If Dogs Could Talk

If dogs could talk, this is what they would say.

While we’re waiting for the 2012 presidential election results, think about this quote from a political commentator (Ray Suarez) on PBS, describing the candidates’ strategies for influencing votes:“This time, instead of sending volunteers and sending field workers from state to state, they relied heavily on using people that people know. It sounds kind of obvious, but the research shows that when someone you know talks to you about casting a vote in the first place or voting for the person t
hat you prefer, that has a lot more impact than somebody showing up at your door with paperwork, a leaflet, or a pitch for a candidate. So they’ve put much more emphasis on having people work their own neighborhoods this time around.” To me, this describes the heart of pit bull advocacy. It’s all about individual pit bull owners finding ways to incorporate their dogs into their existing ‘neighborhoods,’ both literally and figuratively. Thad and I rarely go to stand-alone “pit bull events” anymore. Instead, we make a constant, concerted effort to incorporate our pit bulls into other networks we belong to.This is a photo of Martha at our 10-year college reunion. She came with us. Thad and I already knew the hundreds of people in attendance, but those people didn’t know Martha. Now they do. And now they’ve had a positive experience with a pit bull, through someone they already knew. Someone from their “neighborhood.” Once you start thinking of pit bull advocacy from this perspective, the opportunities are endless — and oh so fun!!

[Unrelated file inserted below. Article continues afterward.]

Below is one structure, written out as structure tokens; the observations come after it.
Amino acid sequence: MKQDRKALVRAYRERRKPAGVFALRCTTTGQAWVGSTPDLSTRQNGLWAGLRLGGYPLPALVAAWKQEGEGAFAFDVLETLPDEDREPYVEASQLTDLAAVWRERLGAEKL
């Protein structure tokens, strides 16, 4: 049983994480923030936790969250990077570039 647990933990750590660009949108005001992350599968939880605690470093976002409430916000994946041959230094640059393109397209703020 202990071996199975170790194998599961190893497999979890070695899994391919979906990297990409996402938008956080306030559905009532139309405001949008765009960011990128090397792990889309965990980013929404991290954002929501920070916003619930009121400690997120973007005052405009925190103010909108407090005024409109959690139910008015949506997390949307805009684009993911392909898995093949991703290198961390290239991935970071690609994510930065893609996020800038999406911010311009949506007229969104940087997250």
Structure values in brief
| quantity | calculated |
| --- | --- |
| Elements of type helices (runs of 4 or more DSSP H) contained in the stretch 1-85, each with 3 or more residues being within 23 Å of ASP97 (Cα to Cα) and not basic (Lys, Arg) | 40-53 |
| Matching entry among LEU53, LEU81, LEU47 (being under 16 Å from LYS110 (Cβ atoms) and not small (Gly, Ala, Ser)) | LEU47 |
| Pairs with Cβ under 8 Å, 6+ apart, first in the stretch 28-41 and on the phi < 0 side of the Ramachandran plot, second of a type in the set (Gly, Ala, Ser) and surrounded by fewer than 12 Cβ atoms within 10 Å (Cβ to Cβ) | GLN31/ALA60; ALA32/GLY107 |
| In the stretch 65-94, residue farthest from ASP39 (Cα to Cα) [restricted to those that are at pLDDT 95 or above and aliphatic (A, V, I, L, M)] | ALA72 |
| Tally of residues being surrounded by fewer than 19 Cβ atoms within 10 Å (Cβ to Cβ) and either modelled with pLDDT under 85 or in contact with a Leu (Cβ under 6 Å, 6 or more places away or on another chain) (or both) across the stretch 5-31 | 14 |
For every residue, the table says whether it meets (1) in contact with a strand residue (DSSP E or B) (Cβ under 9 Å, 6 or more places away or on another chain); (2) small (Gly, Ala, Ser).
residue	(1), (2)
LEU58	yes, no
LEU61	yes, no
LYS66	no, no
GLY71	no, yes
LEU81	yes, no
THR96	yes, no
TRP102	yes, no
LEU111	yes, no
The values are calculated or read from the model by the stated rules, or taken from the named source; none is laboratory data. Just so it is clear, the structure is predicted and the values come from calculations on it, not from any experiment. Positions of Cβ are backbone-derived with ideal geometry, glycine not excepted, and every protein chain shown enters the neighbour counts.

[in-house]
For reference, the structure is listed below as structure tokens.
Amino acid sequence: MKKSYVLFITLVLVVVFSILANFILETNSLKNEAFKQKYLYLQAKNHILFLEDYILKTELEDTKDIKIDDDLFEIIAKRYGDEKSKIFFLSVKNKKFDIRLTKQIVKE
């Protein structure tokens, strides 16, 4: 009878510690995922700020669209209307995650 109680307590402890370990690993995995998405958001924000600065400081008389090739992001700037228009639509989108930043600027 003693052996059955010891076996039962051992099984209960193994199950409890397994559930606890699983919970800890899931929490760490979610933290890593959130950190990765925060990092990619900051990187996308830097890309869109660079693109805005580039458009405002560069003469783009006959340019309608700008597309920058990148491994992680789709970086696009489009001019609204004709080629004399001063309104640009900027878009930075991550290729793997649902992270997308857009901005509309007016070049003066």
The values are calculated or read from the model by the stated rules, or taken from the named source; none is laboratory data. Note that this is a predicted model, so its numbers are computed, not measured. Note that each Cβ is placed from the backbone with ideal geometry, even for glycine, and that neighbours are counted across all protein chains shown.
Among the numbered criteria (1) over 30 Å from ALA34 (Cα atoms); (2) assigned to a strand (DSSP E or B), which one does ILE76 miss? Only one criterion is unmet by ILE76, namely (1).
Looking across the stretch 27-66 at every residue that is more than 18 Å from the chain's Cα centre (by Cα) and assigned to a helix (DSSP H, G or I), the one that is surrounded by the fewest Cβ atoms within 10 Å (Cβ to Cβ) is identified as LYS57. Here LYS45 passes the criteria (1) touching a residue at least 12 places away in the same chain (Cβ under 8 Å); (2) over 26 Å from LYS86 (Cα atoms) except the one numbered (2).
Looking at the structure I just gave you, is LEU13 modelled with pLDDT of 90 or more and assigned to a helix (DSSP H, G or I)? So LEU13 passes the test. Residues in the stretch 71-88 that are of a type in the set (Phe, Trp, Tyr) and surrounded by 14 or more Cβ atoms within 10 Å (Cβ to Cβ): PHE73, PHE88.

While we’re waiting for the 2012 presidential election results, think about this quote from a political commentator (Ray Suarez) on PBS, describing the candidates’ strategies for influencing votes:

“This time, instead of sending volunteers and sending field workers from state to state, they relied heavily on using people that people know. It sounds kind of obvious, but the research shows that when someone you know talks to you about casting a vote in the first place or voting for the person t

hat you prefer, that has a lot more impact than somebody showing up at your door with paperwork, a leaflet, or a pitch for a candidate. So they’ve put much more emphasis on having people work their own neighborhoods this time around.” 

To me, this describes the heart of pit bull advocacy. It’s all about individual pit bull owners finding ways to incorporate their dogs into their existing ‘neighborhoods,’ both literally and figuratively. 

Thad and I rarely go to stand-alone “pit bull events” anymore. Instead, we make a constant, concerted effort to incorporate our pit bulls into other networks we belong to.

This is a photo of Martha at our 10-year college reunion. She came with us. Thad and I already knew the hundreds of people in attendance, but those people didn’t know Martha. Now they do. And now they’ve had a positive experience with a pit bull, through someone they already knew. Someone from their “neighborhood.”